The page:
Research shows public unaware of GMO prevalence

Genetically modified foods (GMFs) are becoming increasingly prevalent in stores, but they are rarely labeled and the public generally is not aware of whether an item has a modified ingredient or not.

A paper published in 2013 explained how the public perceives the risks associated with genetically modified foods, said Cara Cuite, an associate research professor in the Department of Human Ecology.

“We’ve done a number of national surveys that look at what the public knows about genetically modified food and what they think about genetically modified foods," she said. 

Labeling genetically modified foods has become a controversial issue in the United States, she said.

Candidates were asked in a survey whether they think that food should have GMO labels on them or not. The way the question is asked has a big impact on the answers that they receive, Cuite said.

“When we ask in just an open ended format at the beginning of the survey where we haven’t told people what the survey is really about yet, 7 percent spontaneously say that they would like to see GMF labels added to current labels," she said.

When asked whether it was "very or extremely important" for labels to state items were genetically modified, 59 percent of respondents said yes, Cuite said. 

“Then when we ask them specifically ... we tell them that current regulations do not require GMF’s to be labeled and we ask them specifically if they think that they should be and we find 73 percent say 'yes,' they do think they should be (labeled)," she said. 

The remaining 17 percent of responders are not sure whether these items should be labeled, Cuite said.

“What’s also interesting is a lot of people don’t know that they’re not currently labeled,” she said. “So some people think, ‘Well, if (my food was genetically modified), I would know about it because it would be labeled.’”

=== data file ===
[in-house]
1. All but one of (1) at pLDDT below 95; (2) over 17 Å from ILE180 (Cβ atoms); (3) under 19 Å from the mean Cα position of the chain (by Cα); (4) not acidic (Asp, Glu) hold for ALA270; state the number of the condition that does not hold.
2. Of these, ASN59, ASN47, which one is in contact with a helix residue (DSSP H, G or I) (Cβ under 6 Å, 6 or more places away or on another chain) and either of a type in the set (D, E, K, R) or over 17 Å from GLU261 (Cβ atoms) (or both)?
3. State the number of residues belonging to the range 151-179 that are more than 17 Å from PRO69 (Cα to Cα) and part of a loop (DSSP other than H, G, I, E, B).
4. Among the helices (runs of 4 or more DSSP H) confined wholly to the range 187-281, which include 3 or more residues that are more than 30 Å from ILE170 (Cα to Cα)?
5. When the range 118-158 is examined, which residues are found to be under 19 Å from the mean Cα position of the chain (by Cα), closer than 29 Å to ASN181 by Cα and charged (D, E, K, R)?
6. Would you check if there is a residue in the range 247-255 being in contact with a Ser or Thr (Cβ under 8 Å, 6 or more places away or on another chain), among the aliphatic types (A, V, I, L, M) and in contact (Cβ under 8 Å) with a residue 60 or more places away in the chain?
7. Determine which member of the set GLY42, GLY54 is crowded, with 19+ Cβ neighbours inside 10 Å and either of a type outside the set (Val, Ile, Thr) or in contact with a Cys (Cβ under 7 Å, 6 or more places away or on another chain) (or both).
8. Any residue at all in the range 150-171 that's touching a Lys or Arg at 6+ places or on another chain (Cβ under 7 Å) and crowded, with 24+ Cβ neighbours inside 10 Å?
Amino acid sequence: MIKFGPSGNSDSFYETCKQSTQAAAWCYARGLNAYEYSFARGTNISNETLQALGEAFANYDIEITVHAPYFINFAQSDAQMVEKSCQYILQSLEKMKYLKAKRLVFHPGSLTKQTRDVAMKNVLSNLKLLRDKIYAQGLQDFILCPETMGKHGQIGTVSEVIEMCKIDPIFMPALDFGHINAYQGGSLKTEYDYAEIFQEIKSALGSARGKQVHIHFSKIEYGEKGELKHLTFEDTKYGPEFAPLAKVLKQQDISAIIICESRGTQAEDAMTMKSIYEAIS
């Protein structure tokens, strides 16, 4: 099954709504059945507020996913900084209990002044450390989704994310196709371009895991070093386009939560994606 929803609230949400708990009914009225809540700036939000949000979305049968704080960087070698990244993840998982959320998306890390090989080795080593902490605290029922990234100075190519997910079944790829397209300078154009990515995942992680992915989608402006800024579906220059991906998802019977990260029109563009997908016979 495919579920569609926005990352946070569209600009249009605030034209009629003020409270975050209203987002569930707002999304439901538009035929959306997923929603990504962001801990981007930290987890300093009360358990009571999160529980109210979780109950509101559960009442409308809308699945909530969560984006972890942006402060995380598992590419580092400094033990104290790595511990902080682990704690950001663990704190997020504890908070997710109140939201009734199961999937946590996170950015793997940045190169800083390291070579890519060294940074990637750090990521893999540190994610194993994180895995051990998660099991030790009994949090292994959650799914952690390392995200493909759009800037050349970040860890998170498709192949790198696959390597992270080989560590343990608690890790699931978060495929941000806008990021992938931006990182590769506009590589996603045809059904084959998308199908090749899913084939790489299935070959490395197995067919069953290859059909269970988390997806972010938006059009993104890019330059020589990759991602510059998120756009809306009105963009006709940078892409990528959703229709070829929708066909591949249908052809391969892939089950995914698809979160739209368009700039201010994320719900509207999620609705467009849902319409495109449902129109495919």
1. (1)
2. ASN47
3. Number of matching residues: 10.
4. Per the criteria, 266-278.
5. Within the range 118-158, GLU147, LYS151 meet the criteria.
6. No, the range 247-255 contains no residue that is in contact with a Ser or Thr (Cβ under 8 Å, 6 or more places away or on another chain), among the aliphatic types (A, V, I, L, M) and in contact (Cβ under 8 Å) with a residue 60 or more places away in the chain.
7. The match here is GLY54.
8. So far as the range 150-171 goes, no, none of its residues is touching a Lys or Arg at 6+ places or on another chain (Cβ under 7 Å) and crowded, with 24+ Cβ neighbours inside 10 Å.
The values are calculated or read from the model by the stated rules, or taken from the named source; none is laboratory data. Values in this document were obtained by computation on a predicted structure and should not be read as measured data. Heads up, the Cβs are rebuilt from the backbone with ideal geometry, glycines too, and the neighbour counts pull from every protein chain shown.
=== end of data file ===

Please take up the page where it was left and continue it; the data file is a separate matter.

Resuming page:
This is a common thought among many consumers, she said.

The gap between these numbers shows how GMFs are not usually on the top of people's minds, Cuite said.

Jeffin Naduparambil, a School of Arts and Sciences first-year student, said he thinks everyone should be able to know what is in their food.

"Knowing that some foods are made with GMOs allows consumers to make better decisions about their eating habits," he said.

Genetically modified foods are prevalent among current supermarkets, Cuite said.

“The best estimates are that somewhere between 75 and 80 percent of foods in the supermarkets contain some GM ingredients," she said.

This makes it difficult to avoid eating GMFs altogether, Cuite said.

“If people wanted to stop eating GMFs, it would require a significant change in the foods that they are currently eating. So I’m sure there are some people who would avoid GM foods. But I think it would be very, very difficult for most people to completely avoid them,” she said

The only way to avoid GMFs at the moment would be to eat a strictly organic diet, Cuite said. The standards for these foods do not allow any genetically modified items to be included.

Organic food is completely free of genetically modified ingredients, including meat and fish, she said. There are currently no genetically modified meats or fish on the market.

Cuite said she feels there may be a fear among consumers that if there were a label on genetically modified foods, people may take it as a warning against that food. 

GMFs may be necessary despite any potential negatives, said Srihari Chekur, a School of Engineering junior.

"I think genetically modified foods are bad, but with food shortages expected, genetically modified food may be unavoidable," he said.

The majority of people are unaware if GMFs are available or not, Cuite said.

"I would say that most people are not sure and that’s understandable because there are no labels," she said. "It’s not something that a lot of people are paying attention to right now."

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